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What Is An Ally?

I had close friends who came out to me in high school, but it was not until I knew several openly gay and lesbian people in college that I began to realize the magnitude of the discrimination they faced. When I took my first job in the corporate world, I was fortunate to have an openly gay colleague with whom I worked closely. Not only did he teach me about marketing, brand management, and how to make the copier work without overheating, but he also taught me a great deal about my own misconceptions and stereotypes.

In many states in the US, you can still legally be fired for being gay or lesbian, and even where laws provide equal protection, a great deal of homophobia and discrimination may continue. This is why I tell people that I am an ally, a straight person who supports equal rights for gay and lesbian people and for creating a workplace that allows employees to work to their potential without fear or distraction.

So you want to be an ally? Many straight students want to be supportive of their gay, lesbian, and bisexual classmates but are not sure what to do or say. Fortunately, you don’t need to devote your life to activism to make life easier for the GLBT students in our community.

A straight ally is someone who is not gay, lesbian, bisexual or transgender (GLBT) but personally supports and/or advocates for GLBT equal rights and fair treatment.

Here’s how you can start:
 Be supportive and receptive, but not intrusive. When someone comes out to you, they are starting a conversation based on honesty and shared values. It’s good and important to ask questions, and it’s okay to admit that you aren’t sure how to be supportive of your friend or classmate. But do consider his/her privacy threshold. Knowing someone is gay or lesbian does not entitle you to probe into every detail of his or her personal relationships. Treat your gay or lesbian colleague with the same respect as you would treat a straight colleague.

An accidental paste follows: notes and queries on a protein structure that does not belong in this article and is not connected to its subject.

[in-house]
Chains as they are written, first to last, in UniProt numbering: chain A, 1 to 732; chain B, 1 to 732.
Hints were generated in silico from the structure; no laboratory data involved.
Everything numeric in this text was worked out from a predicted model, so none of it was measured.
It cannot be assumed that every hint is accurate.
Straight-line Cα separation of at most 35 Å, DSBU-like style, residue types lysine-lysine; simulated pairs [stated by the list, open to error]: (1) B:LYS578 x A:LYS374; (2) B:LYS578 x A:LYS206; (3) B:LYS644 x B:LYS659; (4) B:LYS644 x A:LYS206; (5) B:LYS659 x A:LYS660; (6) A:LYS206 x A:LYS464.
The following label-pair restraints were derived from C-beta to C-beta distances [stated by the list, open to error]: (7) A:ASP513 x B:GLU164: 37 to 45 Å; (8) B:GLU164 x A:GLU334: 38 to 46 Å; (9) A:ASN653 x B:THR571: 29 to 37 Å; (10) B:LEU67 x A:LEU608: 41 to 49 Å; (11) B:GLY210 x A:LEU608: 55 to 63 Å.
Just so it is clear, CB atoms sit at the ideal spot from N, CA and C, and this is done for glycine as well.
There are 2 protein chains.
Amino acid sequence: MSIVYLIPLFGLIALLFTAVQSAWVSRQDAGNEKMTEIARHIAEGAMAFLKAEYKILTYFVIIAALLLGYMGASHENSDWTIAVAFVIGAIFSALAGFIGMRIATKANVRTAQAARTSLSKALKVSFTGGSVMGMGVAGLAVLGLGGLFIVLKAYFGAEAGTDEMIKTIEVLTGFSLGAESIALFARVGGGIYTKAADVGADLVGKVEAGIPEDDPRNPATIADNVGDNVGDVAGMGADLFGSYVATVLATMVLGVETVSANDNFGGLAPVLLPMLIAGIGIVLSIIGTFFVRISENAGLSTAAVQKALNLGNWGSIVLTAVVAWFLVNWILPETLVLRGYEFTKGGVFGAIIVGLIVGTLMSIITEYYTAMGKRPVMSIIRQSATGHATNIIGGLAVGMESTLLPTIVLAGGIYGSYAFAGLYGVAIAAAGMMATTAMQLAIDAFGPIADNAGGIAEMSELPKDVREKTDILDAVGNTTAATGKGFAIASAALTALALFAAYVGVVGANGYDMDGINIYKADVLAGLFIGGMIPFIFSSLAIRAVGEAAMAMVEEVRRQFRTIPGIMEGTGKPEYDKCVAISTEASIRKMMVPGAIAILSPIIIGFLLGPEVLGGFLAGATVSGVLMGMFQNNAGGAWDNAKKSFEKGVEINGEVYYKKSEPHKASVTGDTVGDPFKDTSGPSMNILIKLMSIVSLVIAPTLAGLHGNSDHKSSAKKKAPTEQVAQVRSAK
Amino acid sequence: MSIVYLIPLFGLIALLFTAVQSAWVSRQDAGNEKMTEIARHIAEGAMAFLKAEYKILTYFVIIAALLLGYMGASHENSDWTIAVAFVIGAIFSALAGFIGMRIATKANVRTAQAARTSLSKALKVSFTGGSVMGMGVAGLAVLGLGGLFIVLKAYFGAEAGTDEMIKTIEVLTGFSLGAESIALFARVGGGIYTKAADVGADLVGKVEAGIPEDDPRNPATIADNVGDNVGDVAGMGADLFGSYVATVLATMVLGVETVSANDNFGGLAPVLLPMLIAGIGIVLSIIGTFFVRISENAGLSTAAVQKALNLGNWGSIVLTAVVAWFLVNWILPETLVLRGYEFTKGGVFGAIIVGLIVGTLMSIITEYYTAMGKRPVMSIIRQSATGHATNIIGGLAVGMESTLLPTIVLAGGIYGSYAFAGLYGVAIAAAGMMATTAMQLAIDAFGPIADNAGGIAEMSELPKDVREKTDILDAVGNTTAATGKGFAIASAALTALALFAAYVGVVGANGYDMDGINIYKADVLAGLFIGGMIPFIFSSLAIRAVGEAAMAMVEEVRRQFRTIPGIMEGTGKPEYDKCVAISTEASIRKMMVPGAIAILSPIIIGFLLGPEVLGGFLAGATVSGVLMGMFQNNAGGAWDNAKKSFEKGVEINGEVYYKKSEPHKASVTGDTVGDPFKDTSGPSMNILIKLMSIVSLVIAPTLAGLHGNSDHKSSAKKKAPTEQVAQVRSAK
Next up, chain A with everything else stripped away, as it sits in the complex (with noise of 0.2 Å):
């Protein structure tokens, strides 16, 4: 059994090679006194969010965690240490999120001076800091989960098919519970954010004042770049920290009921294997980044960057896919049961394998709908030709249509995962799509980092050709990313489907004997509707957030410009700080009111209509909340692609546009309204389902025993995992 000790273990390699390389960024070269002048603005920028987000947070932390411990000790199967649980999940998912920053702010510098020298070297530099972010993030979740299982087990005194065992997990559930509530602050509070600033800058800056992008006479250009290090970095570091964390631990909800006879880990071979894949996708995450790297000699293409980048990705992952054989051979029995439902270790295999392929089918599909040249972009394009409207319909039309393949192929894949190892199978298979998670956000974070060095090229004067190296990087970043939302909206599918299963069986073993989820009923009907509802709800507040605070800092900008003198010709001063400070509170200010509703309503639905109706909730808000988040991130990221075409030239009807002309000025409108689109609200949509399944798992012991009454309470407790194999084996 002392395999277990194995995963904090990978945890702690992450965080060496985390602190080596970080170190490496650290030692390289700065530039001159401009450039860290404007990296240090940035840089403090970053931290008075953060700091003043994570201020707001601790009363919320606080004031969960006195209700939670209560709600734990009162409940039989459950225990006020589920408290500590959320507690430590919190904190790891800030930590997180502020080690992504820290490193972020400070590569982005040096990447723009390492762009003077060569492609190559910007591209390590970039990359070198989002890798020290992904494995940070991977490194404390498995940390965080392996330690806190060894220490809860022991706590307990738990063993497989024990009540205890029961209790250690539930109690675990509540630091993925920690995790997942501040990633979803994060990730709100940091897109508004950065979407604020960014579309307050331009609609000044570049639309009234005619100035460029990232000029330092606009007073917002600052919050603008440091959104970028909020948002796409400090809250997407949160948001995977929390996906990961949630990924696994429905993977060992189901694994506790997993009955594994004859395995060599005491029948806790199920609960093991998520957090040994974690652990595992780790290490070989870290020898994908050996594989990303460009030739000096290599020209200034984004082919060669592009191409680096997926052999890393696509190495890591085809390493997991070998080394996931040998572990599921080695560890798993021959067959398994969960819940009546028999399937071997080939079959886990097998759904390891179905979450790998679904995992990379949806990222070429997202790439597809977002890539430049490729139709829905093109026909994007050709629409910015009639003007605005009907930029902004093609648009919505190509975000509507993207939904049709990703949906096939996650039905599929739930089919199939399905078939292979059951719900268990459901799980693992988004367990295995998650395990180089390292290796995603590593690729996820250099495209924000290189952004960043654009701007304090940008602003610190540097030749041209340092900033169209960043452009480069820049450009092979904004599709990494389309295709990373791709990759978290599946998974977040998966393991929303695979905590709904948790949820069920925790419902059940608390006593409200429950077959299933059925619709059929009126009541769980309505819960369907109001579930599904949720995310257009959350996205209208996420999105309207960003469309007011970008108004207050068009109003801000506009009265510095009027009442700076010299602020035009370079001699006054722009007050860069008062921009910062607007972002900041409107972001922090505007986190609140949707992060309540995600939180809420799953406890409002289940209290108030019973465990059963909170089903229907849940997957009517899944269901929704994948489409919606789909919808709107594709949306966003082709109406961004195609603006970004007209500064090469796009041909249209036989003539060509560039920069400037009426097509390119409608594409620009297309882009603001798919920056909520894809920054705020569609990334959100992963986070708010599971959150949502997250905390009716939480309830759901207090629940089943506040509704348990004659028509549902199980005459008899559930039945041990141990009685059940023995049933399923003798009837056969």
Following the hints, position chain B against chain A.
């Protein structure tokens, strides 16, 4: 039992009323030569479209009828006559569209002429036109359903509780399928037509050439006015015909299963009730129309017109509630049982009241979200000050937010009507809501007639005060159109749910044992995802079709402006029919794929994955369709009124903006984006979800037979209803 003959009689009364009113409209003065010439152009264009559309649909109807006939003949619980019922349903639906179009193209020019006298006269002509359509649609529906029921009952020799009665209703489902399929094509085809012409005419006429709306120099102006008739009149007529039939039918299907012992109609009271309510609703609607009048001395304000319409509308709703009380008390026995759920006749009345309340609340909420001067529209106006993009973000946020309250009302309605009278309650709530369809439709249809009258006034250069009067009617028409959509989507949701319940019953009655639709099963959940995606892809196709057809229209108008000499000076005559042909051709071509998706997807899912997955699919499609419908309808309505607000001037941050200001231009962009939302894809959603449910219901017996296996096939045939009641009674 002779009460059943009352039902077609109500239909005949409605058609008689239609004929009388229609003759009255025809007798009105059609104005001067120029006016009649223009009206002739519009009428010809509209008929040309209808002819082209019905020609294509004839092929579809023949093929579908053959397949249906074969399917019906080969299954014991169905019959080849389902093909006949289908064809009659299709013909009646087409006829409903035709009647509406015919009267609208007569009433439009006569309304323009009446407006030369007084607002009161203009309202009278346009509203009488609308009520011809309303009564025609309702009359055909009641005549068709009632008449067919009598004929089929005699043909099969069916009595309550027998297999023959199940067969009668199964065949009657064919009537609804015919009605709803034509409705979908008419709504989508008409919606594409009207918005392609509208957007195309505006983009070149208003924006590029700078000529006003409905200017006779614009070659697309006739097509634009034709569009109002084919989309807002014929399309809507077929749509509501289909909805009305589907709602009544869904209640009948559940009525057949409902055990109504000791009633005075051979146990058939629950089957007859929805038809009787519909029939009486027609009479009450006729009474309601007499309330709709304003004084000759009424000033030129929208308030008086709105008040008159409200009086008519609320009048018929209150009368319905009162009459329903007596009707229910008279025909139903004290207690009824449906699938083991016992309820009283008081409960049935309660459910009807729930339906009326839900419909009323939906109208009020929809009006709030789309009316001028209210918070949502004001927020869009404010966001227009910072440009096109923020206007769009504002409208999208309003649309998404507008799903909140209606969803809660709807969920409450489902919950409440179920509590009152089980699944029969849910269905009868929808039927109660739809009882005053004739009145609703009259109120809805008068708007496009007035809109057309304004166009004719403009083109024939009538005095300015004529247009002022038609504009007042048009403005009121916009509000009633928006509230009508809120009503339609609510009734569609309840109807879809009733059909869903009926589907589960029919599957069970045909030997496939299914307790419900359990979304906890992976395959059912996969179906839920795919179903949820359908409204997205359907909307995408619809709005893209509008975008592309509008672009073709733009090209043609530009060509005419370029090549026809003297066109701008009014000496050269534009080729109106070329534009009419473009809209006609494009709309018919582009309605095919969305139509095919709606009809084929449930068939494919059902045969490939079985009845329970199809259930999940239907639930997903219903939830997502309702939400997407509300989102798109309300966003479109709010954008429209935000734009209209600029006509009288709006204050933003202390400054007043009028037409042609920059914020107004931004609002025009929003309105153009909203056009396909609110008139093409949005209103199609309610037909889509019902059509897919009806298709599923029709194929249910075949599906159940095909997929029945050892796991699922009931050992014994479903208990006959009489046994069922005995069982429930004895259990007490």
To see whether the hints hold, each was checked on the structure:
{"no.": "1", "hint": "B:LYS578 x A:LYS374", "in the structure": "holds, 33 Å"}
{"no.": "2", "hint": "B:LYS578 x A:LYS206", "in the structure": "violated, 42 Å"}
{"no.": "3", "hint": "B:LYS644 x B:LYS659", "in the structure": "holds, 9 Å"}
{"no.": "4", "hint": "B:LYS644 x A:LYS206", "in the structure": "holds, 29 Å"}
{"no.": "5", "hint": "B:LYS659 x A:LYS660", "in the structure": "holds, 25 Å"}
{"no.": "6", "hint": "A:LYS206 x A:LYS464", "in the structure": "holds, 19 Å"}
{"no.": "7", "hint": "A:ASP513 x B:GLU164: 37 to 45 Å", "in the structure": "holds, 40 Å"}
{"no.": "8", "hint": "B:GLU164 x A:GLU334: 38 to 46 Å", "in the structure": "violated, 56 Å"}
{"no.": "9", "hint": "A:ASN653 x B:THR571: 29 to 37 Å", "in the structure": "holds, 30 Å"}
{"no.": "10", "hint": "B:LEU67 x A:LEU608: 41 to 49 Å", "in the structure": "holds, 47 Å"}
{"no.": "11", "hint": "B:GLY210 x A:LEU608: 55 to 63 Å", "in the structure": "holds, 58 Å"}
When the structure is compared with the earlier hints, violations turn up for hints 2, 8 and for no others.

Resist mentioning someone’s sexuality or dating relationships (even in a casual way) every time you see them. Even if you are trying to demonstrate that you are supportive of gay and lesbian relationships, you may instead be suggesting that you see gays and lesbians as people whose entire personalities are defined by their sexuality. Students at HBS are worried about classes and jobs – regardless of whether or not they are gay or straight. Life issues are the same; sexuality is just one dimension.

 Don’t wait for others to speak out against homophobic jokes or comments. Not every gay and lesbian person at HBS is out, and we all suffer when those around us are shamed into silence. Standing up against homophobia helps make the community stronger for both straight and GLBT people; a community where open conversation and dialogue can be truly be created.

 Don’t expect one gay or lesbian to speak for every gay and lesbian. There is tremendous diversity in the gay and lesbian community just as there is in the straight community. Each person has their own unique experiences, and while a lesbian classmate may have spent more time thinking about GLBT issues than you have, don’t expect her to fully educate you.

 Educate yourself. If you have questions about the gay or lesbian community, ask. Stereotypes and misconceptions exist because of lack of information.

Voicing your support for GLBT people is powerful. Challenge a stereotype. Correct misrepresentations and misinformation. Becoming an ally for a gay, lesbian, bisexual or transgender friend, relative, or colleague, is a perfect way to celebrate National Coming Out Day!

October 7, 2002
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